Fata Morgana Reappears Following Hiatus and Controversy

An empty GDS dance studio. Photo by Reid Alexander.

After a yearlong wait, the heads of Fata Morgana released a spring 2021 video performance on June 1. It is the only performance that GDS’ student-run dance company has presented this school year and the first video the club has released since it faced criticism online about its leadership selection process last summer.

“We’re still around,” said dance and acting teacher Maria Watson, Fata’s faculty advisor.

After the pandemic hit in the spring of 2020, Fata produced a video showcase filmed entirely at home. When the fall rolled around, the club’s heads, junior Lauren Lemer and senior McKenzie Jameson, surveyed students to gauge their interest in participating virtually. Given a lukewarm response, they made the decision to go on a hiatus.

At the beginning of the spring semester, the heads revisited the conversation. “We were like, we have to do something; we cannot go a full year without doing Fata,” Lemer said, “so McKenzie and I sent out another survey asking if anyone was interested, if they would want to participate in a virtual video.”

More students expressed interest than in the fall. Lemer and Jameson choreographed a dance to the Cascada song “Evacuate The Dancefloor,” recorded themselves teaching the steps and sent it to everyone who indicated that they wanted to participate. Students learned the dance individually and recorded clips to send in.

While no official meetings were held in person, seniors began to meet at school in April to rehearse. “To actually be here and be in the dance studio, that was great,” Watson said.

The ten-minute spring 2021 video was shared with students, faculty and staff via email and posted to Fata’s Instagram page on Tuesday, June 1. It featured three dances and a montage dedicated to the seniors in the club. It had been 382 days since Fata, which normally holds two live performances a year, produced content.

And the video came 336 days after an anonymous post on the Instagram account Black at GDS in June 2020 called out Fata for “a history of only electing white female heads.” The post initiated a conversation among current and former GDS students, including those who thought that Fata had a history of its heads choosing successors of the same race, social circles and outside dance studios.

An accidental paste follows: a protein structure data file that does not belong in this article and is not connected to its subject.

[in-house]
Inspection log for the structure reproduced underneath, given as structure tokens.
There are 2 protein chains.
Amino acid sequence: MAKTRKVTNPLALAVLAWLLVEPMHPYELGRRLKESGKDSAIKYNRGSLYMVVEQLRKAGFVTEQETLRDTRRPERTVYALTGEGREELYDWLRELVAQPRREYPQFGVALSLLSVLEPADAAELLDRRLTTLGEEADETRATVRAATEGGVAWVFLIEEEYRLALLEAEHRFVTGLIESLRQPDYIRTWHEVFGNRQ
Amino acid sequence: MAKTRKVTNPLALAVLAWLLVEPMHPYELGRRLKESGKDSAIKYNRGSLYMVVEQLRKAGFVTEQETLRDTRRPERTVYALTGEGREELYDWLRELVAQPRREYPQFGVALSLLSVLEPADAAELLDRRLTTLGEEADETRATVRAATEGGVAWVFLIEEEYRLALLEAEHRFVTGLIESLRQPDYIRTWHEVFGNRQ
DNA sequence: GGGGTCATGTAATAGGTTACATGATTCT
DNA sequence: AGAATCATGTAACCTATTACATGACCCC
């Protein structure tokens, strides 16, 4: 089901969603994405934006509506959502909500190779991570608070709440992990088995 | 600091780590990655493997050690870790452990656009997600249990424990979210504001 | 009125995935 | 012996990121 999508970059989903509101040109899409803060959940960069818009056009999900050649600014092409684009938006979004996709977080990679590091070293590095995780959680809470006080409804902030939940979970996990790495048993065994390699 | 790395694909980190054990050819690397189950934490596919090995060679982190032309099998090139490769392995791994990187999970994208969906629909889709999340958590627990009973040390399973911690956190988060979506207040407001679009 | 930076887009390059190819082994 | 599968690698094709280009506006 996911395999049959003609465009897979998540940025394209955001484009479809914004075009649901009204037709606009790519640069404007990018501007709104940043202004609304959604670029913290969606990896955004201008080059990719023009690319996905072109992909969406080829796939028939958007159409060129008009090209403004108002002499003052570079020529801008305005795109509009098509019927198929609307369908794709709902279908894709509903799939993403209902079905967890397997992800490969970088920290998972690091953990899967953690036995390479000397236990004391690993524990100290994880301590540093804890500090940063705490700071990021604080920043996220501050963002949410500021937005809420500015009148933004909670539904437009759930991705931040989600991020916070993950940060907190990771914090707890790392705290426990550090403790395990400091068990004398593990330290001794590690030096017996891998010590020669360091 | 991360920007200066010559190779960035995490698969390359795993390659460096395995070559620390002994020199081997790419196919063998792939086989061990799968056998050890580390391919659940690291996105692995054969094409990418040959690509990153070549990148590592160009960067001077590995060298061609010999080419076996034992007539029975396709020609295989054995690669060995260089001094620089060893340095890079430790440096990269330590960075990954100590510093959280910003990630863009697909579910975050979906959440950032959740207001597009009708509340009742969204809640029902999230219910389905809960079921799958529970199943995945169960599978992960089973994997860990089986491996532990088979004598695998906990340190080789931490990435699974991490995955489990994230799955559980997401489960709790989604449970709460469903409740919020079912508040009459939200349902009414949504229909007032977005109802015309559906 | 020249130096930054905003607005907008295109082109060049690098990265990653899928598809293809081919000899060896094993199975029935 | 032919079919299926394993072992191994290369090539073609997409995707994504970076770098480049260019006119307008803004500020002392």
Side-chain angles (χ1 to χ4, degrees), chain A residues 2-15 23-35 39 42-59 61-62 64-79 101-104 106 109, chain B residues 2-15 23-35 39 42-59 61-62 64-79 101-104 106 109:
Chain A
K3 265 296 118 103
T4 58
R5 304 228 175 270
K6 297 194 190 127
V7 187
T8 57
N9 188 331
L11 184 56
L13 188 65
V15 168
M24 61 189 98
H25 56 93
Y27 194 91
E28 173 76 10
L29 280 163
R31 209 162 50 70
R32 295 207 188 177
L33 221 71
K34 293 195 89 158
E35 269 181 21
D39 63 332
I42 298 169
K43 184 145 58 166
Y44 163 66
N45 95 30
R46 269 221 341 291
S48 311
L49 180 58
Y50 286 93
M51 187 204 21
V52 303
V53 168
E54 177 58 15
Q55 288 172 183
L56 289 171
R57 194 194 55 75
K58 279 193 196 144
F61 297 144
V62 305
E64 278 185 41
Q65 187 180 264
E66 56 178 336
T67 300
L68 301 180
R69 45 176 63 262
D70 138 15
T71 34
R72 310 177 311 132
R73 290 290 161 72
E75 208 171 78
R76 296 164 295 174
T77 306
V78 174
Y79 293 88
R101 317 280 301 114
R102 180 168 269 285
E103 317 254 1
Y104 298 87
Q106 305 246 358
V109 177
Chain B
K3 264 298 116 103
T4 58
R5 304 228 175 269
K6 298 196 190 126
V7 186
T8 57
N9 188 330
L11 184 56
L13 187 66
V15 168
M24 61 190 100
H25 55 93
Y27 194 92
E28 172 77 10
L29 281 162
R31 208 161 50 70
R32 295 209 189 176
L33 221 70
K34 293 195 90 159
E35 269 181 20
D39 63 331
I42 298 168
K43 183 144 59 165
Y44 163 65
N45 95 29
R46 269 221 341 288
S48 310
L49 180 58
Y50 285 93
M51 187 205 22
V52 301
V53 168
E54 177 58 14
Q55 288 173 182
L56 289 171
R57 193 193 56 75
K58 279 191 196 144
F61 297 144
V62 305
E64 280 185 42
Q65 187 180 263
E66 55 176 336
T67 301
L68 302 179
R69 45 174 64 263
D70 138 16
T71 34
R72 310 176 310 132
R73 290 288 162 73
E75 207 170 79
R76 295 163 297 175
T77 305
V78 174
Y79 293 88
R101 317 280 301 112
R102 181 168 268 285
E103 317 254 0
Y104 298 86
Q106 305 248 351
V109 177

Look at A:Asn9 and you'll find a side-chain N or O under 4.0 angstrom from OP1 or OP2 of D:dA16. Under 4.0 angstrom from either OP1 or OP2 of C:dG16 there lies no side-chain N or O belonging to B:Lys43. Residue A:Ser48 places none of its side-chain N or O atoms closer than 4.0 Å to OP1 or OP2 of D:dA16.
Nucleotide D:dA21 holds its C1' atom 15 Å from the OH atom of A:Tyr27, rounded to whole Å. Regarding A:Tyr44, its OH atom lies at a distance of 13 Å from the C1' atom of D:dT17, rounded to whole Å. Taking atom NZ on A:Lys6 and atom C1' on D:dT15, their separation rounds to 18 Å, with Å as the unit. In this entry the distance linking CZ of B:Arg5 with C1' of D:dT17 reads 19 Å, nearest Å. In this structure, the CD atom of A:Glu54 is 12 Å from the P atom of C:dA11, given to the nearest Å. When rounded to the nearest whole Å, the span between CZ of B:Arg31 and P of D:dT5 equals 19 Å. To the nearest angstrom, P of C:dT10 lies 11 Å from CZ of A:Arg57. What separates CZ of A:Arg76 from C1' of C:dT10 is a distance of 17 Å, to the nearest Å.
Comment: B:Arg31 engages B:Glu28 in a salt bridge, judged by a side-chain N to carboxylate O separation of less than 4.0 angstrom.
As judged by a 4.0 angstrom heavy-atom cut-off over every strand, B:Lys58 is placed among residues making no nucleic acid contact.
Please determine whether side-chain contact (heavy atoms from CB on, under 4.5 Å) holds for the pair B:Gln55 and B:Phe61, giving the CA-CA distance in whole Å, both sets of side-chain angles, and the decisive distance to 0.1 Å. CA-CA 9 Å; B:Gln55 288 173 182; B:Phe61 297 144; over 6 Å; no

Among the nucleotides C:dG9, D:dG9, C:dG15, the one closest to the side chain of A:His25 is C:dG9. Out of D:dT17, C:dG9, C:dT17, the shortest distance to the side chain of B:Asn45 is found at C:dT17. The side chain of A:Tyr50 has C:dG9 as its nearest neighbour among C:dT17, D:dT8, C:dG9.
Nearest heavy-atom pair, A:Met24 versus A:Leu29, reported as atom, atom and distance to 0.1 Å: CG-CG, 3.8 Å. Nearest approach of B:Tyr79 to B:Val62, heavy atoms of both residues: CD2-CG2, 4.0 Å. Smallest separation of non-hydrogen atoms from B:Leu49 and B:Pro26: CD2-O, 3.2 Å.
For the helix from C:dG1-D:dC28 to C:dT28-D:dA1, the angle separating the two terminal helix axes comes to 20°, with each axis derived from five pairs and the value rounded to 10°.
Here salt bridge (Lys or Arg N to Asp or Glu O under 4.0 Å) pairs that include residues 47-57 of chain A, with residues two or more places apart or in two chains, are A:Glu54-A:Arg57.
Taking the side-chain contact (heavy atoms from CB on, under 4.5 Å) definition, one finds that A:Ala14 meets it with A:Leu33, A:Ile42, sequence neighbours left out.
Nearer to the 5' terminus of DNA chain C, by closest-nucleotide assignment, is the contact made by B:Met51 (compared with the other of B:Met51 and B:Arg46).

On July 1, the day after the Black at GDS post, Lemer and Jameson, who are both white, shared a statement on the Fata Morgana Instagram account responding to the grievances and outlining the criteria by which Lemer and previous heads were selected. They said that past club heads primarily considered organizational and leadership ability and tended to favor sophomore applicants who can serve as head for a longer period. Lemer joined Jameson as a head at the beginning of 2020, their terms staggered to improve fluidity.

The two heads also wrote in their June 2020 statement, “During our time in Fata, decisions about leadership positions have not been made on friendship, or popularity.” They have since taken the post down.

The day after their first statement, the heads released a second one, this time announcing that Fata heads will be elected by the club’s members moving forward.

Lemer was asked to answer for her selection six months after it was announced. She said the controversy “was difficult for me because I had no part in the picking of the heads.”

Senior Kendall Watts, a Black dancer who applied for the head position for which Lemer was chosen, was a subject of the conversation sparked by the Black at GDS account. In private conversations and responses to the Fata heads’ statement on Instagram, some students implied that Watts should have been chosen. “It was definitely awkward,” she told the Bit. “Everybody’s eyes were on me in that moment.”

Lemer expressed concern that the Black at GDS post and subsequent dialogue might dissuade rising freshmen from joining Fata.

Freshman dancer Anissa McGinnis said she heard of the Black at GDS post about Fata before joining the club for its virtual season this spring. “It didn’t deter me from joining, just because I kind of expect that out of a club at a PWI [predominantly white institution].” McGinnis added that she has not detected any cause for concern thus far.

Fata’s leaders plan on returning to normal with in-person practices and shows next year. Jameson, whose term was extended to this spring after the hiatus, is heading to college, but Lemer has not set a plan for when she will be replaced.

Watts was among the dancers in the recently released video after having been at the center of the debate over Fata’s head selection process. “We obviously haven’t done as much as we usually do,” Watts said, but the two co-heads have “done a pretty good job of trying to still keep that Fata energy.”

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